United States ups the ante in China rivalry with Asia Reassurance Initiative Act
- Washington’s efforts to enlist allies in the region under the law could be a headache for Beijing, analyst says
The China-US rivalry in Asia – especially in the South China Sea – will intensify with the passage of American legislation underlining Washington’s commitment to the region, analysts said.
The Asia Reassurance Initiative Act, which US President Donald Trump signed into law this week, signalled that the US wanted to retain its allies and mobilise them to counter China if necessary, the observers said.
Collin Koh, a maritime security specialist at Nanyang Technological University in Singapore, said that despite a recent easing tensions, the act’s broad regional scope meant “we would likely see gradual effects impinging on Sino-US rivalry in Southeast Asia”.
“We can’t underestimate the potential ramifications of [the act] contributing to the sharpening of the Sino-US rivalry, even if it’s still quite another matter whether the Trump administration will truly follow up,” Koh said.
Beijing and Washington are increasingly at odds over the South China Sea, a strategic waterway through which billions of dollars in trade passes each year. Each country has sent warships and military aircraft through the contested waters in patrols that have led to at least one near miss.
In a sign that such confrontation might continue, acting US Secretary of Defence Patrick Shanahan told senior leaders at the Pentagon on Wednesday that China would be a top priority for the military.
According to the act, to US will reaffirm security commitments to its allies in the Indo-Pacific region, including Japan, South Korea and Australia, and spend US$1.5 billion annually for five years to improve its regional presence. It will also build security partnerships in Southeast Asia.
Part of the strategy will be conducting freedom of navigation operations with those allies in the East and South China seas, missions that Beijing sees as an excuse for the US to flex its military muscle.
The act also authorises the US to impose penalties on entities and governments for stealing intellectual property – another major source of friction between China and the US.
The rivalry between China and the US has triggered concerns in the region, with Singapore’s prime minister, Lee Hsien Loong, warning in November that Southeast Asian nations might be forced to choose between China and the US.
Koh said the involvement of US regional allies would likely create a bigger headache for China.
“Where it comes to difficulty to be possibly encountered by China, it’s plausible to envisage that the strategic pressure may not emanate only from the US per se, since [the act] also appears to emphasise the role played by US allies and partners,” he said.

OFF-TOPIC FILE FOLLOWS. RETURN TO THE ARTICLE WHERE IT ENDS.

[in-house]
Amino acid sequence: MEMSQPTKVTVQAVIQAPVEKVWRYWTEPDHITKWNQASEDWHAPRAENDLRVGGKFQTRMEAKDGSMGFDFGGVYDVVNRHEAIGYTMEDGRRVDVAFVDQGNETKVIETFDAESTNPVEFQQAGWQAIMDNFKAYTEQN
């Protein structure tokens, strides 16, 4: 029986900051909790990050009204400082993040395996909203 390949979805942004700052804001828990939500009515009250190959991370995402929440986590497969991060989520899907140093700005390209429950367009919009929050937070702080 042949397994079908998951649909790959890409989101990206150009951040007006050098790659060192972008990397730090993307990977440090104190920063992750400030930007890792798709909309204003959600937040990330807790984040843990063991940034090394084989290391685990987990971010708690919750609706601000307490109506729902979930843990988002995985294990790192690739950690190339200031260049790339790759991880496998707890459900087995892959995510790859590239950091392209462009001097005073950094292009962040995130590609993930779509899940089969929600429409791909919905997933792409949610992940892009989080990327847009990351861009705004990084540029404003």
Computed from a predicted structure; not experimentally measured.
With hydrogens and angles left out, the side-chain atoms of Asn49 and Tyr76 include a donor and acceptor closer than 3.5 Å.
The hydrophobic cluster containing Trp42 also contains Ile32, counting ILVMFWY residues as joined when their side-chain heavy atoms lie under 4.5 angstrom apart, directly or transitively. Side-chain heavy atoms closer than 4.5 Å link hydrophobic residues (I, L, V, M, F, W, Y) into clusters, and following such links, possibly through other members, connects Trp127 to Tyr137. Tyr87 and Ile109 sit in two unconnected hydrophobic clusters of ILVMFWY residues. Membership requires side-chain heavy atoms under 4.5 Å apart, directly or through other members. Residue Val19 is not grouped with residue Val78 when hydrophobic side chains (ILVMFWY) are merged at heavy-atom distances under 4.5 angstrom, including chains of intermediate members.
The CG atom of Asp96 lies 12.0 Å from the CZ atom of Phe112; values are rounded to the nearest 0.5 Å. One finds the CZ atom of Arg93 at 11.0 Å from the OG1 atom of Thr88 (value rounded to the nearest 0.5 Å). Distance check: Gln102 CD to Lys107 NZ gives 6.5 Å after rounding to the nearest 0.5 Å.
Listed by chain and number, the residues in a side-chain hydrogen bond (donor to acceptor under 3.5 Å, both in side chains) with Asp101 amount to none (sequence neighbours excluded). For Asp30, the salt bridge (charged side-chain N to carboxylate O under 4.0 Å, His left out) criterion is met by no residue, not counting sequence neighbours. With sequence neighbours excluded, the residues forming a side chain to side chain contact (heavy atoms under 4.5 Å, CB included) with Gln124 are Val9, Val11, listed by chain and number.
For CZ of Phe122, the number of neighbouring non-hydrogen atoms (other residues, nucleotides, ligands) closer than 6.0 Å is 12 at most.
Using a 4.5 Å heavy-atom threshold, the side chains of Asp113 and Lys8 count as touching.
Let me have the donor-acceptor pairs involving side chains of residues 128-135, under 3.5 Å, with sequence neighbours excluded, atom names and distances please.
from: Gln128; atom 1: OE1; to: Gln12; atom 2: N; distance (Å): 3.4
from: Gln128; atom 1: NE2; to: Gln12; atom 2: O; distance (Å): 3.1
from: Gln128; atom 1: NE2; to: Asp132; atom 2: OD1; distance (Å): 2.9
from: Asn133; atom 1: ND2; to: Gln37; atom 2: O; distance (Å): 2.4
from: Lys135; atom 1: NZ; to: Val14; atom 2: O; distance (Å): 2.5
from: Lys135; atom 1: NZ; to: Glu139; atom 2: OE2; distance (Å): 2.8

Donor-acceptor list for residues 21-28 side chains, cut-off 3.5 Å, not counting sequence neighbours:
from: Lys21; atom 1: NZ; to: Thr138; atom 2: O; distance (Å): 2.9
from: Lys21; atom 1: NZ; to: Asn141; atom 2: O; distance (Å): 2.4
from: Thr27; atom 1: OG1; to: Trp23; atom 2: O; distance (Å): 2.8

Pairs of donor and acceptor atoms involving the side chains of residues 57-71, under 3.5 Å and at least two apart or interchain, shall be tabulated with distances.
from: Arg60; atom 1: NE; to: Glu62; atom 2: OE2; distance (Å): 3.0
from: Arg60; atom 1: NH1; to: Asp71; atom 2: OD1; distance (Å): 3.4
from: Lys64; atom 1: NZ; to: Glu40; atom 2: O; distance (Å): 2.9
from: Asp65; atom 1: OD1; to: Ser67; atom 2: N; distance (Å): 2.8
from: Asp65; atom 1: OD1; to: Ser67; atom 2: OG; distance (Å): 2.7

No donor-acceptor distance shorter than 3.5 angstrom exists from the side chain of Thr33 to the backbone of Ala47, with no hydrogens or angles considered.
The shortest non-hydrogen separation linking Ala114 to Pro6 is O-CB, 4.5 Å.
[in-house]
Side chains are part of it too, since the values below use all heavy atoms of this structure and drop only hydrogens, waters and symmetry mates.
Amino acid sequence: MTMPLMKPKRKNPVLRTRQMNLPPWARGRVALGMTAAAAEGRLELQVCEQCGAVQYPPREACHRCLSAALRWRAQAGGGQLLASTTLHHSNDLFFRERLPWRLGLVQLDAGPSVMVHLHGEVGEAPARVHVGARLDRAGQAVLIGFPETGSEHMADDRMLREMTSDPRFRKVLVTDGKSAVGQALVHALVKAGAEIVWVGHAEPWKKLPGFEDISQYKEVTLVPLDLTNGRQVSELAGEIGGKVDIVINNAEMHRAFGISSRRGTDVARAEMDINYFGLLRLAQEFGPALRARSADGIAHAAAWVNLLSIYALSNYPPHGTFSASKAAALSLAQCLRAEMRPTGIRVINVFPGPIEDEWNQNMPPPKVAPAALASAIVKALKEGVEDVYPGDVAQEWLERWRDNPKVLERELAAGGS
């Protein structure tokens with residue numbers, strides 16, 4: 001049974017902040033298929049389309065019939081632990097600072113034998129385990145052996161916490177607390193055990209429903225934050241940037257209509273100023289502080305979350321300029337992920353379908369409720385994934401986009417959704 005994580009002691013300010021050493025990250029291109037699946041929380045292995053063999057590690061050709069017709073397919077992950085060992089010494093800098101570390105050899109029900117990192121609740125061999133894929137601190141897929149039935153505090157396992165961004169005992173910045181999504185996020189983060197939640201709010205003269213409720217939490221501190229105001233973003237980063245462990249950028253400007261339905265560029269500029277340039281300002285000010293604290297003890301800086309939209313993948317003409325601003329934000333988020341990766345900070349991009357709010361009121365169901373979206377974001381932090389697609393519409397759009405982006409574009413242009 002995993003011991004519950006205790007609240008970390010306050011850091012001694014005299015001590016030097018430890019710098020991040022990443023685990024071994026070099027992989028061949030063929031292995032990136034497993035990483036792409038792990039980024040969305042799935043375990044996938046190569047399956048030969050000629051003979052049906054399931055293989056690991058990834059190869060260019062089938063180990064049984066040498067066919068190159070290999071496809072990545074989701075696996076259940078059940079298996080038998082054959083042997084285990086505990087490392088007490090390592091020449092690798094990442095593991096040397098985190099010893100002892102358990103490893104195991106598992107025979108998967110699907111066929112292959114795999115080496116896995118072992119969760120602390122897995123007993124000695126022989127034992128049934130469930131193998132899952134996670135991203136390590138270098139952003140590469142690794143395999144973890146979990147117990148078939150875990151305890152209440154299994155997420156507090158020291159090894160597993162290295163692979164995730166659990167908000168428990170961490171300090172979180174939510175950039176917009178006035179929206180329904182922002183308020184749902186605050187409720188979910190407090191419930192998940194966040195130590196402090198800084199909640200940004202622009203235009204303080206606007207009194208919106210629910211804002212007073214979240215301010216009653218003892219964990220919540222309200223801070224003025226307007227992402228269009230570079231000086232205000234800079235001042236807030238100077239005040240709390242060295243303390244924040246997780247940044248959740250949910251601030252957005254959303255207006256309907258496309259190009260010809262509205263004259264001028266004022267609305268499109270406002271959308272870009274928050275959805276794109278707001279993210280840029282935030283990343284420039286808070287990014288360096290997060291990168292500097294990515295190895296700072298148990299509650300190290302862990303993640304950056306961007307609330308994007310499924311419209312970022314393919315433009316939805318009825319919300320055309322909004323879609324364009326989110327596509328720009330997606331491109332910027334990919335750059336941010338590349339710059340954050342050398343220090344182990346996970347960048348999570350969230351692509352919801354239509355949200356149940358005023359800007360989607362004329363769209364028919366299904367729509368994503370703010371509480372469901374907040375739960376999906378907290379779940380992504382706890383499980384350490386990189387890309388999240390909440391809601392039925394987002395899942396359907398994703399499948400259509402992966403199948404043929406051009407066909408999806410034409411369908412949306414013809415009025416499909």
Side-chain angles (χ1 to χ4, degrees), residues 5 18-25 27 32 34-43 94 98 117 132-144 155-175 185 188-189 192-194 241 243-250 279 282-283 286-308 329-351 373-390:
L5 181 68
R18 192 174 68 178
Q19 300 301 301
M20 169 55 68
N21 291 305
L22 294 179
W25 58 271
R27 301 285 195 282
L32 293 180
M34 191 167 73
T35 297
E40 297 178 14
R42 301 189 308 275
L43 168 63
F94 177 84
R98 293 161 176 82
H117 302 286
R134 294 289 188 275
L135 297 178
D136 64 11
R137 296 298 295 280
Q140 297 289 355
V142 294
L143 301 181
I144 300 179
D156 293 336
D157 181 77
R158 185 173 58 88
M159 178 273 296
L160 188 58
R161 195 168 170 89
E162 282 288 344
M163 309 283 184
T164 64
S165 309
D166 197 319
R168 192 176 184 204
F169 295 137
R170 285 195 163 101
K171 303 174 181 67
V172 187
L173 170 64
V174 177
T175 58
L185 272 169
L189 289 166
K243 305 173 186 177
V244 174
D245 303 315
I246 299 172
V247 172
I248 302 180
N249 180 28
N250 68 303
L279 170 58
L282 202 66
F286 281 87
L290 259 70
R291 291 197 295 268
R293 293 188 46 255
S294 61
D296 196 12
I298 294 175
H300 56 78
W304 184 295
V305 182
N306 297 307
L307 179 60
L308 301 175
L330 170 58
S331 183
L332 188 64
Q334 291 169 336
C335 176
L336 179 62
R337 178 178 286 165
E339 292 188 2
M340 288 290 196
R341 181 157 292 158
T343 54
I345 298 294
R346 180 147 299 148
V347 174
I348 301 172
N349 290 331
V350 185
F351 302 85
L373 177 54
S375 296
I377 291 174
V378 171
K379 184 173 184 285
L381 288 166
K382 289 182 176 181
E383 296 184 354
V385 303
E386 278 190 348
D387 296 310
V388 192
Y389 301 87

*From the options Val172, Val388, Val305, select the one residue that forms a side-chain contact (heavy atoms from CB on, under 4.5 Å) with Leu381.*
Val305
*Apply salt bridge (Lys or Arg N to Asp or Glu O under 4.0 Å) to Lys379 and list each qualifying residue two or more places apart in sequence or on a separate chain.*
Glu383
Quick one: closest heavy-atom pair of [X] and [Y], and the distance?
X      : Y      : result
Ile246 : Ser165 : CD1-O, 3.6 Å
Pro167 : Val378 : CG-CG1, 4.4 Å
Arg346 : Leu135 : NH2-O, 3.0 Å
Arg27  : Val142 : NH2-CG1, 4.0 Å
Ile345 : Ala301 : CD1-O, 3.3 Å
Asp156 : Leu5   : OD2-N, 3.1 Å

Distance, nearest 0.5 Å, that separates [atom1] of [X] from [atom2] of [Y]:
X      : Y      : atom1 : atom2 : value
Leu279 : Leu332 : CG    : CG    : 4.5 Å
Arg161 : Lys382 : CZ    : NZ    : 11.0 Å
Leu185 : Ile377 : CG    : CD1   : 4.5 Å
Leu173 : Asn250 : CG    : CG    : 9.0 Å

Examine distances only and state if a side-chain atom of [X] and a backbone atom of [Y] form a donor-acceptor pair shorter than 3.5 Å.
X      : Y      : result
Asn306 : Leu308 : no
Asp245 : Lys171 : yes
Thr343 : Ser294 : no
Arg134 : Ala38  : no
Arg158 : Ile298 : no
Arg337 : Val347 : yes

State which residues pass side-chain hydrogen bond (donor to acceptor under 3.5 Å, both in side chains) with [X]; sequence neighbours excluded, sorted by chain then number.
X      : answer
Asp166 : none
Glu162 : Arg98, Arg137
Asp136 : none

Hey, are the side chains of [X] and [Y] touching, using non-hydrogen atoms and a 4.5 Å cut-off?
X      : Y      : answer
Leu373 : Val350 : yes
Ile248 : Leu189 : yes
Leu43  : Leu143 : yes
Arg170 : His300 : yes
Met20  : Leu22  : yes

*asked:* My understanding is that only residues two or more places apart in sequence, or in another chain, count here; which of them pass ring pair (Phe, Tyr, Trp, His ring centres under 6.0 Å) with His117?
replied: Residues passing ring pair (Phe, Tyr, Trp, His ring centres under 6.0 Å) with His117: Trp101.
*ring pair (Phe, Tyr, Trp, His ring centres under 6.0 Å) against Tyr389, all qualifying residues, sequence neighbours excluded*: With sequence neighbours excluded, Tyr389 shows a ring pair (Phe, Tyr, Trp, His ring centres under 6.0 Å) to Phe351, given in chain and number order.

Tony Nash, head of research firm Complete Intelligence, said the signing of the act meant the “US has friends”.
“And that those friends aren’t necessarily based on a multibillion-dollar loan commitment, but on ongoing political, economic and military commitments. It’s presenting a stark reality to the very transactional relationships China is building through the Belt and Road [Initiative],” he said, referring to Beijing’s massive international infrastructure and trade push. “This bill is demonstrating the US’ commitments to the region.”
The signing of the act comes as the clock ticks on a 90-day truce for Washington and Beijing to negotiate an end to their trade war.
Two days of vice-ministerial-level talks are set to start in Beijing on Monday, with China hoping to secure some relief from US tariffs on Chinese goods, duties that are starting to weigh on its already slowing economic growth.
At the same time, Chinese President Xi Jinping has reaffirmed that Beijing will not abandon the use of force in seeking unification with Taiwan.
But analysts said the act was not a tactic to pressure China to make trade concessions.
“It’s less of a challenge to China than a commitment to other parts of Asia. It doesn’t focus on China, it namechecks almost every other country in Asia,” Nash said.
Derek Grossman, a senior defence analyst at the Rand Corporation, agreed that the legislation signalled US commitment in the region.
“My view is that it’s the latest tangible example of genuine angst within the US government regarding China’s growing influence and aggressive behaviour in the security and economic realms vis-à-vis the US and its allies and partners,” Grossman said.
“Bilateral relations have clearly taken on a far more adversarial dynamic, and so within that broader context, which holds many areas of geostrategic disagreement, the [act] can be viewed as pushing back against Chinese bad behaviour.”